grammar formalism that is used in the models. Chapter 4, ?nally, investigates in two variants of the ?rst model which selection pressures lead to expressive syntax.

Acknowledgments
Ik wil graag allereerst Paulien Hogeweg bedanken voor een intense en stimulerende begeleiding. Ik heb al een hoop van je geleerd in de afgelopen anderhalf jaar, en ik zal in de komende jaren ongetwijfeld nog veel meer herontdekken van de dingen die je mij hebt proberen duidelijk te maken. Ik dank Michael Moortgat voor zijn begeleiding op afstand en voor de leuke en interessante discussies, en Vincent van Oostrom, die in een laat stadium derde beoordelaar werd, maar waardevolle kritiek heeft kunnen geven. Ik dank mijn hele beoordelingscommissie, en Albert Visser en Annemarie Besselink, voor het geduld en de medewerking, zodat ik, ver achter op schema, toch nog net op tijd kan afstuderen. Verder dank ik de studenten, promovendi van de vakgroep voor hun hulp en de stimulerende omgevA ing. Zonder de geduldige tips van Ludo Pagie en Stan Mar? e was het werken met C++ en LTEXeen ramp e geworden. Andr? ’s eindeloze kennis van de wiskunde was altijd beschikbaar en kwam altijd van pas. De e discussies, etentjes, wijn, bier en olijven op Club T, de wijnclub en andere gelegenheden hebben mijn stage tot een geweldige tijd gemaakt. Dank dus, aan Bas, Kirsten, Ivo, Christian, Jorge, Jos? , Martijn, Erik, e Eltica, Marc en Roeland. Ten slotte, ook dank aan Onno Zoeter voor eindeloze discussies op de meest onmogelijke momenten.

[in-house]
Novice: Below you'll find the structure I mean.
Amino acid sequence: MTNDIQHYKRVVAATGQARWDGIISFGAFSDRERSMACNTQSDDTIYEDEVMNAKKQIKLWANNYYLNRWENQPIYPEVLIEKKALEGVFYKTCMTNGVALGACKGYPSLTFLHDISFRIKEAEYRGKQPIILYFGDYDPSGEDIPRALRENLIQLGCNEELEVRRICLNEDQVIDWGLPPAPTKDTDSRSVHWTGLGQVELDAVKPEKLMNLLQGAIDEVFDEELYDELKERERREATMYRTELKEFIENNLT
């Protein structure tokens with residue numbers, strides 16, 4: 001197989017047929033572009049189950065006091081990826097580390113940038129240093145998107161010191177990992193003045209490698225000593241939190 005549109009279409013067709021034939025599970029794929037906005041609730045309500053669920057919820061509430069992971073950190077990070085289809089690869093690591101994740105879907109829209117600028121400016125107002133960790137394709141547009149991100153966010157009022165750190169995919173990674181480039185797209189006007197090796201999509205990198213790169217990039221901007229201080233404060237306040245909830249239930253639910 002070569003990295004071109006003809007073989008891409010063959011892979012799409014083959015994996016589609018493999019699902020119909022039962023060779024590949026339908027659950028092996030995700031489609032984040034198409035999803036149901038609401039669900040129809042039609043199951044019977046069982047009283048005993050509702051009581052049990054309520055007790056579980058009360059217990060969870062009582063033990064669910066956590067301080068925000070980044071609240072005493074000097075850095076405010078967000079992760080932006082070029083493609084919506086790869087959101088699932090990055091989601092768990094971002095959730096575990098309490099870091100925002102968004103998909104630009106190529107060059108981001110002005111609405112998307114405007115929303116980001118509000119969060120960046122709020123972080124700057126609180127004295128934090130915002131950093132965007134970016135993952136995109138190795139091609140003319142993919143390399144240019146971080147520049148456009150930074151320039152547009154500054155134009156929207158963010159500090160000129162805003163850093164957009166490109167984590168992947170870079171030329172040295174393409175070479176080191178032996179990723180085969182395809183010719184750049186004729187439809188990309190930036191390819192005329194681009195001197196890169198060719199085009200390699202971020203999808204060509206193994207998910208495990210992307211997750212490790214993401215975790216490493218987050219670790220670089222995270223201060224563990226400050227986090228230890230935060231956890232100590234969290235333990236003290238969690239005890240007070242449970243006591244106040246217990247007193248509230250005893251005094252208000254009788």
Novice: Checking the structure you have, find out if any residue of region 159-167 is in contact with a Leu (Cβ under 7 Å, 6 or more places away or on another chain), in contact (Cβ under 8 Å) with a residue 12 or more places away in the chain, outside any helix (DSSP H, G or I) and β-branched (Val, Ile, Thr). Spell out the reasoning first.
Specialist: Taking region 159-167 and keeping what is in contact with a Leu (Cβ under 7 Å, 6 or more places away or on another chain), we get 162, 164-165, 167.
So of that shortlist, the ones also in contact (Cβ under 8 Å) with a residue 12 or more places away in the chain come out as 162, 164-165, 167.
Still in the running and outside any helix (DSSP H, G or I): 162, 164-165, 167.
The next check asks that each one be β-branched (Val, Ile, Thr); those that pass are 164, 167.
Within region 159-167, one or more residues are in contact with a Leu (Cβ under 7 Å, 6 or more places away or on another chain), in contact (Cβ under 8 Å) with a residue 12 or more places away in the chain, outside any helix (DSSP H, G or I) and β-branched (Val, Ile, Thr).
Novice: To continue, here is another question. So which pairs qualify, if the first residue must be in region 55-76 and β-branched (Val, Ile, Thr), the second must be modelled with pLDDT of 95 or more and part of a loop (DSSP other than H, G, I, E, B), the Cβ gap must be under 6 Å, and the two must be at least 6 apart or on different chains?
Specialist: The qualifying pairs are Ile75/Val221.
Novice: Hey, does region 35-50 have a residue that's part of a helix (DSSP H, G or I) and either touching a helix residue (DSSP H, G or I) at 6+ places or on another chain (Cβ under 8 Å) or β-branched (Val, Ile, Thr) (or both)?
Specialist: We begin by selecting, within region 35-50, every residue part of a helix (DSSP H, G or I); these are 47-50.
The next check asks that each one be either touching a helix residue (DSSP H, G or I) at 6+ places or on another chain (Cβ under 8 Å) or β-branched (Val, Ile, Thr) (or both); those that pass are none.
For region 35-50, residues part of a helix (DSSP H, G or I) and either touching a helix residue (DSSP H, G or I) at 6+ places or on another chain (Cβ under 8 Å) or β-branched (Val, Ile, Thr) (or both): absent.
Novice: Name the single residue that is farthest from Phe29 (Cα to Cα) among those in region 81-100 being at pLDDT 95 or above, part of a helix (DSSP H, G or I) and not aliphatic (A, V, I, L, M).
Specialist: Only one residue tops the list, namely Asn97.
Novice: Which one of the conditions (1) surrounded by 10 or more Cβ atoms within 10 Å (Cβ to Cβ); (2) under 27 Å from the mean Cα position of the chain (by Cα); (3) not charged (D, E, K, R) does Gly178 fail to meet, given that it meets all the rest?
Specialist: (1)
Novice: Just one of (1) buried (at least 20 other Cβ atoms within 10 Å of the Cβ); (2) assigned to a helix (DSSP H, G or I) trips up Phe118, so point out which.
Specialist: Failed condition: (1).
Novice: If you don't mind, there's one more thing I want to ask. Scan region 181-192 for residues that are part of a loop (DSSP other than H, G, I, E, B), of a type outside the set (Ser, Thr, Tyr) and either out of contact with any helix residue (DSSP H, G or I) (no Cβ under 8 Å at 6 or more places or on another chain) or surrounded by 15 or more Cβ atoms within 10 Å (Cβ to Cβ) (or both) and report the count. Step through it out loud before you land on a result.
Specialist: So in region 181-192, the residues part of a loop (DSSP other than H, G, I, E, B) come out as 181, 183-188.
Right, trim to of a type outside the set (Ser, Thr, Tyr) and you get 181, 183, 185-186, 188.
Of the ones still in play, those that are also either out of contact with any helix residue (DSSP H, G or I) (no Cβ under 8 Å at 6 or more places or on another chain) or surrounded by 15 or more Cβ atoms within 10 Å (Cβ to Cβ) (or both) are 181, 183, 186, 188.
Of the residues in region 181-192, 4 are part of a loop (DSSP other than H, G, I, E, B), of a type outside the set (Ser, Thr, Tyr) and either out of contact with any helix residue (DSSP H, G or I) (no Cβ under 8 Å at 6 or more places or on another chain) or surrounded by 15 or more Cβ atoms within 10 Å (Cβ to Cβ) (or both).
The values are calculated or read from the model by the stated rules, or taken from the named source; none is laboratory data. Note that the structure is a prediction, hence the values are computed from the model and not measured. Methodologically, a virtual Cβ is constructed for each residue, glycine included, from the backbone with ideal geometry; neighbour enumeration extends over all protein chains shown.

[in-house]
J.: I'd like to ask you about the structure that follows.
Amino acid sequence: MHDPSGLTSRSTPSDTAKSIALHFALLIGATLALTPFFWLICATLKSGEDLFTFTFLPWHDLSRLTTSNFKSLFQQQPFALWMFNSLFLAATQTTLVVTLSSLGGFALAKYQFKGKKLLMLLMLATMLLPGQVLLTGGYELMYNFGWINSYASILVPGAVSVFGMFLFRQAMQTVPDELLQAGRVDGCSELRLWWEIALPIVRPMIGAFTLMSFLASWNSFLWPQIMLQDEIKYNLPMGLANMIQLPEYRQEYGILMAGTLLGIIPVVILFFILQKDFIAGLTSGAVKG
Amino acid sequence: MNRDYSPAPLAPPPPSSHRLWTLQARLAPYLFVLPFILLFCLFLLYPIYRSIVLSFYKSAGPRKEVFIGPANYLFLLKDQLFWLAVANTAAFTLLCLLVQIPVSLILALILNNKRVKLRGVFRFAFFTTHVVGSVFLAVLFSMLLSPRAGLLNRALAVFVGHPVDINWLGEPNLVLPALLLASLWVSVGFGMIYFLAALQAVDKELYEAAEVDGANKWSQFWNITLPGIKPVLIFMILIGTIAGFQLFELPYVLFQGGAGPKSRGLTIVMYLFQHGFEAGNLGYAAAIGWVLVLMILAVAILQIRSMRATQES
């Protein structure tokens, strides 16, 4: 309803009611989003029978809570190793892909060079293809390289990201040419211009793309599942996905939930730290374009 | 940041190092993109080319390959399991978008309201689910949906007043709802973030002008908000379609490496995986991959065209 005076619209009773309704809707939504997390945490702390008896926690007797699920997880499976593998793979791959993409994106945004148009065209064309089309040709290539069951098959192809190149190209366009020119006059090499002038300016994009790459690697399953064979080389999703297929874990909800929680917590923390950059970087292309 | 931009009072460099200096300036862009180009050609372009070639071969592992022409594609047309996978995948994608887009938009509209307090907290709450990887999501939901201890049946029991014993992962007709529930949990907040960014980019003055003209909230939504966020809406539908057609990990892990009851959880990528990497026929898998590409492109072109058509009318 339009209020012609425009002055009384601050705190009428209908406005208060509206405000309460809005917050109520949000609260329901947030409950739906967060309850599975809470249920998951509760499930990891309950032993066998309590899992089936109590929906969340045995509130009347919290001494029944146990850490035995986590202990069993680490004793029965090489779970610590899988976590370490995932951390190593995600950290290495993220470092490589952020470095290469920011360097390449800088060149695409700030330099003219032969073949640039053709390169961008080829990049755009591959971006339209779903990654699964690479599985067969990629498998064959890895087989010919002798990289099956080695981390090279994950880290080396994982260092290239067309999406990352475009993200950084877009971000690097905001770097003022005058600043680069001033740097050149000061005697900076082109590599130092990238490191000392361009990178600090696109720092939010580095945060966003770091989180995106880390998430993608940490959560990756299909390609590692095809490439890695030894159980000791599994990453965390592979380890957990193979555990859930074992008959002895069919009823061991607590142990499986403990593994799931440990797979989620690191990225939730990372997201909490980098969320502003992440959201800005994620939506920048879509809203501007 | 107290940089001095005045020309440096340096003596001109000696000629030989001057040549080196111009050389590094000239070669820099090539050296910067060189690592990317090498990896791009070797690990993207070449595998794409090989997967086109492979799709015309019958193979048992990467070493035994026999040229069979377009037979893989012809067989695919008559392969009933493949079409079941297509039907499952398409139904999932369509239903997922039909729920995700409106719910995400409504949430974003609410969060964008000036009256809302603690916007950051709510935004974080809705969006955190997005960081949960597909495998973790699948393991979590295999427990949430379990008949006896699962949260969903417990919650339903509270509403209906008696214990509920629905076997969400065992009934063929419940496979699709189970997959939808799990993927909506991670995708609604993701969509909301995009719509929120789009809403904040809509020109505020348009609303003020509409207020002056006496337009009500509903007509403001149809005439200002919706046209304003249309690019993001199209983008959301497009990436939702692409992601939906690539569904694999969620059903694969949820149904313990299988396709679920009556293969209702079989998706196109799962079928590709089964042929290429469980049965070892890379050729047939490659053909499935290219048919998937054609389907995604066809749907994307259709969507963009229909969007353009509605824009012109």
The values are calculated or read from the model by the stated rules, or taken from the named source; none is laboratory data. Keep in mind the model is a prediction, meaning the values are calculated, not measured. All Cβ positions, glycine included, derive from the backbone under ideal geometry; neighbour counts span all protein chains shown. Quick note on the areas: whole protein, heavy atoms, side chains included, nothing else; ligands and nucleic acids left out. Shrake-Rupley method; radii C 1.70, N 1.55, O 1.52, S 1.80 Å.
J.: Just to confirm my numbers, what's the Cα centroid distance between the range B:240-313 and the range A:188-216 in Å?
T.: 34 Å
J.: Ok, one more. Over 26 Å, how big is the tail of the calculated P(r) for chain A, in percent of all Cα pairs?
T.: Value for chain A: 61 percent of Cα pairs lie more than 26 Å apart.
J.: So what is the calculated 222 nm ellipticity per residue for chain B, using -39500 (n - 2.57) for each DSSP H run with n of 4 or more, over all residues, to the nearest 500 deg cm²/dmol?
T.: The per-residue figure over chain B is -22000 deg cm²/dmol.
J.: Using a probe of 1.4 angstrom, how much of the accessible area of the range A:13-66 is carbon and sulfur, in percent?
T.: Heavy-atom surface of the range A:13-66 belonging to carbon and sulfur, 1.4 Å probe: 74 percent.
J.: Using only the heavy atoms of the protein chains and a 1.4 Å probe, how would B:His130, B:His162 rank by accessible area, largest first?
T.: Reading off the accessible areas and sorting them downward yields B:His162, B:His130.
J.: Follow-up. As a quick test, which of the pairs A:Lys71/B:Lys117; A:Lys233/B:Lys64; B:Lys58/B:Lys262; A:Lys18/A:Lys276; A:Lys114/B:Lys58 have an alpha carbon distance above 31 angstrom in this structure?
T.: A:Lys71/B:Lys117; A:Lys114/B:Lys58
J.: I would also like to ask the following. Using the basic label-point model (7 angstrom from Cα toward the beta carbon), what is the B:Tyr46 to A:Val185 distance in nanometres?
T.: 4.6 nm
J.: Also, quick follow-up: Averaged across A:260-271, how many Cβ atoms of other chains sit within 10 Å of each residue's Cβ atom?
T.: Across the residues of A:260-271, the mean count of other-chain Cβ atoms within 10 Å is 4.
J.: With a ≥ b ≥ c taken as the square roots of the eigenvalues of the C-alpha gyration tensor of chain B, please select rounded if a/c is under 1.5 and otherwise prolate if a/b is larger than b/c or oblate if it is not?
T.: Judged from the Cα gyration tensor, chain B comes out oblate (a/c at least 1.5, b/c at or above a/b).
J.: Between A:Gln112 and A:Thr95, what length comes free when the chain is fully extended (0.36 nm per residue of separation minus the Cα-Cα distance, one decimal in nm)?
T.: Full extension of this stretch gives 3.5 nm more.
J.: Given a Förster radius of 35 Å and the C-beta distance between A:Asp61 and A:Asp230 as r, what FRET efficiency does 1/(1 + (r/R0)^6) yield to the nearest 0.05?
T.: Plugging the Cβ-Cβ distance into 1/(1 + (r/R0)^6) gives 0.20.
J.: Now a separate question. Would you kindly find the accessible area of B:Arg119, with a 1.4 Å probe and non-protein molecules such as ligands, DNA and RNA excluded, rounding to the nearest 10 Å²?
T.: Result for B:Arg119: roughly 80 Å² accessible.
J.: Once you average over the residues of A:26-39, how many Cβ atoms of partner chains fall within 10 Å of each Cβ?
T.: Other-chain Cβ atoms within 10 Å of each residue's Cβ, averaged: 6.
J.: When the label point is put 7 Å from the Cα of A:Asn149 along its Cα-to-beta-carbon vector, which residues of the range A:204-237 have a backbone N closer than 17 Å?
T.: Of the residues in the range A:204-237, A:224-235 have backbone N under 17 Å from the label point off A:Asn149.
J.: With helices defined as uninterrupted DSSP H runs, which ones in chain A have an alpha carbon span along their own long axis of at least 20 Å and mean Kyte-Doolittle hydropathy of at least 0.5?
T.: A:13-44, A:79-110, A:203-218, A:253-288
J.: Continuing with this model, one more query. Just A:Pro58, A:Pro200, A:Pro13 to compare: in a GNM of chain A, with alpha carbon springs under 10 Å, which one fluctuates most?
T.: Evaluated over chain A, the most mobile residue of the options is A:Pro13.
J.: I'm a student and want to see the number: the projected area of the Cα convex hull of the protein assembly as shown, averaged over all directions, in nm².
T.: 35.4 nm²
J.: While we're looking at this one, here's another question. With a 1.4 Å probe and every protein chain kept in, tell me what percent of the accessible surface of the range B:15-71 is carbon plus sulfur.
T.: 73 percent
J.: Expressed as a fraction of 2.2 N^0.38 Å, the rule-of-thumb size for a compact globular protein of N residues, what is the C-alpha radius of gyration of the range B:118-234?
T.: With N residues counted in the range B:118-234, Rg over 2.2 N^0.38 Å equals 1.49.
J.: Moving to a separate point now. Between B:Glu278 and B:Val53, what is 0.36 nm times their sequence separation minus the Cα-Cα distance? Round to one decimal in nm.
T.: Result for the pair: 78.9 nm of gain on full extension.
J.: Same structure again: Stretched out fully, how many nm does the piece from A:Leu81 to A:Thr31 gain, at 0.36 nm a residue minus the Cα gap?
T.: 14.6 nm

Chapter 1

Language & evolution, a general introduction
This chapter introduces some of the useful concepts and tools from evolutionary theory and linguistics that are used in the models of language evolution discussed in chapter 2, 3 and 4. It considers some of the ideas put forward from both these ?elds on the origins of language and some of the related mathematical and computational models that have been developed.

1.1 Introduction